A friend recently came across an irresistible offer on eBay: an Android tablet ePad with LCD touch screen, Wi-Fi and 3G support — including a power charger, USB cable and user manual for only $99 (about Dh363), ready to be delivered directly home free of charge within 14 business days.
Ignoring the alarm bells that rang in his head on sniffing a deal that sounded too good to be true, he placed an order, waiting impatiently for the package to arrive.
I met him after he received his shipment, a bleak expression on his face, tapping spiritlessly on the blurry screen of a bulky black device — his new tablet.
It turned out the piece was sent from a vendor in Hong Kong with a post box address. The user manual did not mention the manufacturer's website, and the company's name was written in Chinese letters. To make matters worse, he had overlooked the remark "returns: not accepted" on eBay. It was a mistake that cost $99.
According to brand protection company MarkMonitor, which released a report last November on the growing trend of fake tablets flooding internet auction websites, the number of cloned or counterfeit tablets has risen considerably.
After just a day of research, brand experts localised 23,000 clones and suspected fakes on more than 20 e-commerce websites. MarkMonitor identified 15 manufacturers of cloned tablets and almost 8,000 individual sellers, including 766 selling bulk quantities of suspected counterfeit tablets.
"Online brandjackers pay close attention to market trends, especially those involving well-known brands, and are quick to put those trends and brand names to their own use," said Frederick Felman, Chief Marketing Officer, MarkMonitor, in a press statement after the study was released. "Consumers should beware these ‘brand impersonators' that are hidden in plain sight, while brands need to be extra vigilant in foiling those who seek to profit at their expense."
Cloned tablets are often listed alongside branded goods on the web and even presented in street shops together with the originals. Other common tactics include using photos of branded goods in listings without mentioning the brand and, in some instances, blurring the brand names in photos.
The United Nations Office on Drugs and Crime (UNODC) identified the origin of electronic counterfeit products in its latest study on the issue, released in 2010, with the majority coming in from China, followed by Taiwan, Turkey, Syria, Hong Kong, Myanmar and Indonesia.
In China, UNODC zoned in on a major production region in Guangdong specialising in electronic fake products, which later find their way into global export markets. The UN office also states that many counterfeit goods often transit free trade zones in the Middle East on their way to the West, where unbranded goods are decorated with appropriate logos before being shipped to their destination markets. The shipment of counterfeit products also often includes Chinese commercial distribution companies in the destination country.
It's no surprise that offers for fake and counterfeit tablet computers spread across the internet after the release of Apple's iconic tablet, the iPad.
According to OpSec Security, a US-based provider of anti-counterfeit technology, it is among the most copied in this market segment, followed by Samsung's Galaxy Tab, Motorola's Xoom and Sony's Tablet S, apart from a wide range of Android tablets. "Whether it's through clever manipulation of photos on auction sites or simply a ‘too-good-to-be-true' bargain, many consumers may fall prey to these scammers if not properly educated," Tom Taylor, president of brand protection for OpSec Security, said in a statement upon the release of a study on counterfeit tablets on January 15, 2012.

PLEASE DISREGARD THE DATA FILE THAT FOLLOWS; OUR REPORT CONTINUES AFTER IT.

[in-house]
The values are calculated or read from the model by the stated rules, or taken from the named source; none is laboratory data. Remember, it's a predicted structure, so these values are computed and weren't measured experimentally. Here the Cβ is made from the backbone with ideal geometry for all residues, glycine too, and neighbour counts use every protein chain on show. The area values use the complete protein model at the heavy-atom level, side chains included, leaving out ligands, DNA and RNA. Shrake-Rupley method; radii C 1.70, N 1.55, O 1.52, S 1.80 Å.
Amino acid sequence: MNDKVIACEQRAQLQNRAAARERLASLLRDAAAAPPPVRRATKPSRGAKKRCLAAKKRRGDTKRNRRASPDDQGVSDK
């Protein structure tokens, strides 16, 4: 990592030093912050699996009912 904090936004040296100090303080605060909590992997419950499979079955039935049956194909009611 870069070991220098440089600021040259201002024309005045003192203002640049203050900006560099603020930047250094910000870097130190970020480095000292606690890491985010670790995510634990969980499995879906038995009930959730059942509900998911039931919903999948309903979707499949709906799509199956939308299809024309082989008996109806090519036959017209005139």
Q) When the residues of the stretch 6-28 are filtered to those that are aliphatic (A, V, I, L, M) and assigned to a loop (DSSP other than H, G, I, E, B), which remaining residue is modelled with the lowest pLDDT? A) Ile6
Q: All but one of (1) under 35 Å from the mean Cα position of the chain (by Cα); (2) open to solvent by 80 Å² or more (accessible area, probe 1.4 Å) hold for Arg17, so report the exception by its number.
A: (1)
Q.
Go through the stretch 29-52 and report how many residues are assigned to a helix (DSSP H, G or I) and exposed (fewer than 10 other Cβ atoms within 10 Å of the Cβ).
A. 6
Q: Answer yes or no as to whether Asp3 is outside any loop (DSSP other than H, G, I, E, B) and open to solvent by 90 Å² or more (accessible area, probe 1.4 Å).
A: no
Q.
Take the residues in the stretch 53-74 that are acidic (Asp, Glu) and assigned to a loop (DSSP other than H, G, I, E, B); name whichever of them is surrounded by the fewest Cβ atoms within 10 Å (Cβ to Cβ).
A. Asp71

MarkMonitor found out that around 20 per cent of copycat manufacturers use original brand names for their fake products and list their items right next to the original devices on e-business websites.
Buyer's guide: How to spot a fake
Here is a list of pointers that should raise alarm bells when you buy a tablet:
• The price looks too good to be true: OK, the price might be good, but the product is not. Beware of deep discounts. A discount of more than 20 per cent on an allegedly original item indicates that it is most likely a fake. However, this does not mean that items priced higher than normal are guaranteed originals. Some fake products are priced at a premium of between 15 to 50 per cent on the manufacturer's suggested retail price in regions where the genuine product is not yet available.
• There is no return or refund policy: Some fake sellers also try to lure buyers by not charging duty and/or shipping costs for the products.
• A poor user manual, soft or hard copy: Examine the manual for the manufacturer's name, website and any related information and warranty policy. Watch for misspellings or poor English on the website or in the printed manual.
• The seller is unknown: If buying online, do a combined search with the vendor's name and the word ‘scam,' for example, and see what comes up.
• The seller is not authorised: If the product seems OK, but you are still unsure, check the manufacturer's website for authorised retail partners/online sellers.
• The model number looks strange: Find out whether the model number of the tablet is legitimate. Some vendors slightly change the model number of an item; for example the Nokia E70 instead of the original E7.
• The images look strange: When buying online, check whether the images of the device look real in terms of actual features, size and colours. When buying from a shop check the box in which the item is sold for irregularities, shoddy wrapping or faulty printing.
• There is no official receipt: Always ask for a stamped receipt. This increases the chance of getting your money back if you have been conned — if necessary with the help of authorities.